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Before Christmas, I promised to publish some ideas about etiquette guidelines for search committees. I am still working that project.  A few of you have corresponded with me and I have held conversation with my deanery clergy and with clergy who come to me for coaching.  At this point I am not convinced publishing etiquette guidelines will necessarily solve the underlying problem.

Most clergy can site at least one example of being hurt in a search process.  I have yet to meet a clergyperson who has found the search process enjoyable and uplifting from beginning to end. In my conversations with search consultants and search committee members, I hear a similar unease about the search process.  I am not your there is an epidemic of bad manners, but reports are widespread enough to wonder if there is a systemic problem.

Why is it that so many participants in the search process, both clergy and search committee members, report some level of dissatisfaction with the process?  After all, we have promised to love each other as God loves us, so why is it hard to consistently treat each other with respect in job searches?  If there is widespread dissatisfaction with the current system, why is it so hard to change?

Tom Erhich, who led the Massachusetts pre-Lenten clergy retreat this year, offers an interesting response to this systemic problem.  Tom was talking about how hard the vocation of parish priest has become in our lifetimes.  He called our attention to the recent Executive Council presentation on church statistical trends http://www.scribd.com/doc/79692388/TECdata (Price and Hadaway).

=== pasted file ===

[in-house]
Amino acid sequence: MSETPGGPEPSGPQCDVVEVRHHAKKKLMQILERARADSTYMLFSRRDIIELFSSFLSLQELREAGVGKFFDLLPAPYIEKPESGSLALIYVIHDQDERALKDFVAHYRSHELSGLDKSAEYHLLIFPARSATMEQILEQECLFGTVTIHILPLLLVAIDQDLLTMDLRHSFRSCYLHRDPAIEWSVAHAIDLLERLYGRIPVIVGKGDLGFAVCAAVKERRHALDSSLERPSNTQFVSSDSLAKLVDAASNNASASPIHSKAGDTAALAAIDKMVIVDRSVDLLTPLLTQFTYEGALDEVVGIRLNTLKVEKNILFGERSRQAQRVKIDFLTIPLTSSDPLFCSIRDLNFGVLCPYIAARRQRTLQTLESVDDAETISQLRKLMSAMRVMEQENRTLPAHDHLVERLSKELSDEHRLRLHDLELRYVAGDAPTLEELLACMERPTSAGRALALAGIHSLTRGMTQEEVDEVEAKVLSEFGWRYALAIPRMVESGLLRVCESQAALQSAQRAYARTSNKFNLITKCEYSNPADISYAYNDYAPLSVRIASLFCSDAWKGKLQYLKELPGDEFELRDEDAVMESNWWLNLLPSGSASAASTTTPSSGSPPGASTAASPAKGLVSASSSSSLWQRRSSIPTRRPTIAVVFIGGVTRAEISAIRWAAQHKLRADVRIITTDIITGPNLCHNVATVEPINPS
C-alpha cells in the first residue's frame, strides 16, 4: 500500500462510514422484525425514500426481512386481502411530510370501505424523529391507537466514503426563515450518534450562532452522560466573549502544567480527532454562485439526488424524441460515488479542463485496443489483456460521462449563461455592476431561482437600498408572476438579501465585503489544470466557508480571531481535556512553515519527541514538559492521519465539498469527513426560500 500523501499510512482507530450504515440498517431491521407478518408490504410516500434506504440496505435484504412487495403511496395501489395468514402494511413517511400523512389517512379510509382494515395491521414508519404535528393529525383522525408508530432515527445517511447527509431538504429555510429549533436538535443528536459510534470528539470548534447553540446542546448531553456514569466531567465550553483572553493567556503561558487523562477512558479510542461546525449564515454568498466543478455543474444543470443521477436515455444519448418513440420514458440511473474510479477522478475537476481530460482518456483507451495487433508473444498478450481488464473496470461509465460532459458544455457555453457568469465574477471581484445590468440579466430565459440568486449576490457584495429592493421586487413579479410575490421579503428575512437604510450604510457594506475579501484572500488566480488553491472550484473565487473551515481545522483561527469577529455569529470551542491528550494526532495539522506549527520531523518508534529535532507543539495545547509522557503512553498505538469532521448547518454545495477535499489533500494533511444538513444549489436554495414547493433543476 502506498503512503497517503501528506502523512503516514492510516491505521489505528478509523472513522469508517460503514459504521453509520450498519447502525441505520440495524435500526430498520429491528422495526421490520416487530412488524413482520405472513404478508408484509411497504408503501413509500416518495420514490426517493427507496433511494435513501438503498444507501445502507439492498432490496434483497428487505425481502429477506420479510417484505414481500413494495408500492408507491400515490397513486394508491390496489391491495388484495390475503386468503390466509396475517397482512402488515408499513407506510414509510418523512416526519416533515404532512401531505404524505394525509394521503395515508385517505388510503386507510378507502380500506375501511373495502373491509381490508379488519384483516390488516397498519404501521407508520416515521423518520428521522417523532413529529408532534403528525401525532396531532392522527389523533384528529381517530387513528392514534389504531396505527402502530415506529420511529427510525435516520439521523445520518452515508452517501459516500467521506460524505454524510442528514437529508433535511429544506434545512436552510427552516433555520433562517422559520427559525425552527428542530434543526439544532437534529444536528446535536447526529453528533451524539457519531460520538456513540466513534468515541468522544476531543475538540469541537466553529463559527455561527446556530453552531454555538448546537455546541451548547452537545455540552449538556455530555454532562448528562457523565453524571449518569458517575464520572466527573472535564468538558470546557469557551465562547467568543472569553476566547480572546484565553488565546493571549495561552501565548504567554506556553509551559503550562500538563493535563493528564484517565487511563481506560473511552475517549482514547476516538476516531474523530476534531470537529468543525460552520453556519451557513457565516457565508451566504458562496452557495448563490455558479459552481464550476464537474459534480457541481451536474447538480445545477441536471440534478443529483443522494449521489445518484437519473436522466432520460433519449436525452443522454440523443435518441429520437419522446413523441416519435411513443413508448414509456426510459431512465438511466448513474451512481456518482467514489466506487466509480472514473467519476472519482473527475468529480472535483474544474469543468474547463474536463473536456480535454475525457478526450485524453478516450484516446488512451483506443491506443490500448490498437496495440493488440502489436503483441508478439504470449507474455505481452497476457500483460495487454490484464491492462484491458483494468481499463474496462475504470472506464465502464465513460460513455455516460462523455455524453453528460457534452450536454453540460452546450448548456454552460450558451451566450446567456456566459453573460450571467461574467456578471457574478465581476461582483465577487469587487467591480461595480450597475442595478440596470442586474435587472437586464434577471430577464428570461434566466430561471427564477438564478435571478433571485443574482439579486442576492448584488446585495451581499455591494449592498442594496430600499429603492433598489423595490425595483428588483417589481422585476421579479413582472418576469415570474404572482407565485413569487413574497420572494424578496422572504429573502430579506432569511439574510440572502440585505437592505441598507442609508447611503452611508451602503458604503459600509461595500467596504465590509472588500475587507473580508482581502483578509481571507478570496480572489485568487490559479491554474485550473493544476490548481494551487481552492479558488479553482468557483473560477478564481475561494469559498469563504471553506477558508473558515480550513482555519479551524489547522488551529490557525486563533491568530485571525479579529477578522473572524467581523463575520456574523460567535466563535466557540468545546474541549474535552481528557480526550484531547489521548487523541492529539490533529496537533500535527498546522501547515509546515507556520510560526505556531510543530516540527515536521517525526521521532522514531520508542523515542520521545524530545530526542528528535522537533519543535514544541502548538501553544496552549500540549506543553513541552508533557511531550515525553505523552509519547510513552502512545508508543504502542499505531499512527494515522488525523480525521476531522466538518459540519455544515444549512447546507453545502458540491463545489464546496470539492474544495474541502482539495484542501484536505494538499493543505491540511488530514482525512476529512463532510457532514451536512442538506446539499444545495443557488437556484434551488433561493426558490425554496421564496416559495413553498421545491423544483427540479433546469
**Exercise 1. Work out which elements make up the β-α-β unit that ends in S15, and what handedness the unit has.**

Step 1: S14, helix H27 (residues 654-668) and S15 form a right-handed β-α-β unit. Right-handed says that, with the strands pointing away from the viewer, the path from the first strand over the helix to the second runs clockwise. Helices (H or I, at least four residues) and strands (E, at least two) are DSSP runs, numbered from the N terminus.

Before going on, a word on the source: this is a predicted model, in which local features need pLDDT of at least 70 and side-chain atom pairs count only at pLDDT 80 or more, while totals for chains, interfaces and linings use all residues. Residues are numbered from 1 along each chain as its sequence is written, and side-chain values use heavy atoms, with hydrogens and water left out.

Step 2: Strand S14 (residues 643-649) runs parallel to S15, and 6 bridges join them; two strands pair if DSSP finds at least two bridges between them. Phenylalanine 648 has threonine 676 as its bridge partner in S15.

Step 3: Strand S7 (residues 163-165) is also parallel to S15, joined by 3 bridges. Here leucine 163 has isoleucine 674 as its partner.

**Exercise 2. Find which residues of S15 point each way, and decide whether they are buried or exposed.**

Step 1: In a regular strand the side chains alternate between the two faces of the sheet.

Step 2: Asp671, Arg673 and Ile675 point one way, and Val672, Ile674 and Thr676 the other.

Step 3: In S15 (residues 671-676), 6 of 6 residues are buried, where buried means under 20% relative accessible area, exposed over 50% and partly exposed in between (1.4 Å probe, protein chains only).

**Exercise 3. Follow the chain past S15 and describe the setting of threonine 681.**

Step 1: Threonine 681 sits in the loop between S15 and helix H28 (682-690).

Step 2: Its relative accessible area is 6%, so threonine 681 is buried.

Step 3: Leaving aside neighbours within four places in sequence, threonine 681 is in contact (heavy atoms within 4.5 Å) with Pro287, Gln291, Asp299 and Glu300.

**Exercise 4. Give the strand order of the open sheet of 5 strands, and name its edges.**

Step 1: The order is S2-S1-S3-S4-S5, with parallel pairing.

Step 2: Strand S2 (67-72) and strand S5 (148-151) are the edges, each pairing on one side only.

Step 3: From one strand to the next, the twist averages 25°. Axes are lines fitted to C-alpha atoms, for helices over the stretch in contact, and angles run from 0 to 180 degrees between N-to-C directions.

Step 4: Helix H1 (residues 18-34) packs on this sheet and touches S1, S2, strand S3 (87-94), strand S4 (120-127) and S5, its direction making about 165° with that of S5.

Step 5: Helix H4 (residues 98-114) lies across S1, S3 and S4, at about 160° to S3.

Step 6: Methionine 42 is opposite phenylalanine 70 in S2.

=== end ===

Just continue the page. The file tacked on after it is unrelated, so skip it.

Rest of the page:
Their study conclusively shows that the Episcopal Church has been in steady decline for almost fifty years.  Our decline has been somewhat steeper than other similar denominations, but all churches have experienced some shrinkage.  The decline in church participation parallels declines in all forms of self-organized communities documented in Robert Putnam’s Bowling Alone.

Putnam’s book should be required reading for anyone thinking about church decline.  Decline is impacting all forms of community, what Putnam calls “social capital.”  Having better liturgy, better clergy, or more polite search committees won’t solve the problem.  Church decline is part of a much larger social phenomena that is not susceptible to a quick fix.

Our institutional response to the decline follows many of the grieving patterns first noted  by Elizabeth Kubler-Ross: fear, denial, anger, and, bargaining (or the search quick fix solutions).  Reports like the Price/Hadaway presentation may be the early steps of moving toward acceptance, though given the embarrassing infighting at the national church level, I don’t think we are there yet.

My theory is that the stress of long-term decline has negatively impacted our deployment practices and is the underlying cause of the bad etiquette experienced by clergy and search committees alike. Tom Ehrich focused on fear as a particularly strong demotivating factor.  Clergy fear whether they can find a job that is both spiritually and financially sustaining. Search committees fear whether they can find the perfect candidates with the right bag of tricks to reverse decline or at least maintain a sustainable level of church activity.

How do you think broader trends in church participation impact your sense of vocation?

Have you experienced symptoms of grieving in yourself when you are in discernment?

How do you think search committees are reacting to broader trends?

Is their behavior impacted by -trends in church growth and decline?

Do you think tinkering around the edges of our current discernment system will help, or should we experiment with radically different ways of managing our vocations? (Okay, I admit that’s a leading question.)

I will post some suggestions about etiquette in the search process shortly, but wanted to open up this broader topic for discussion first.

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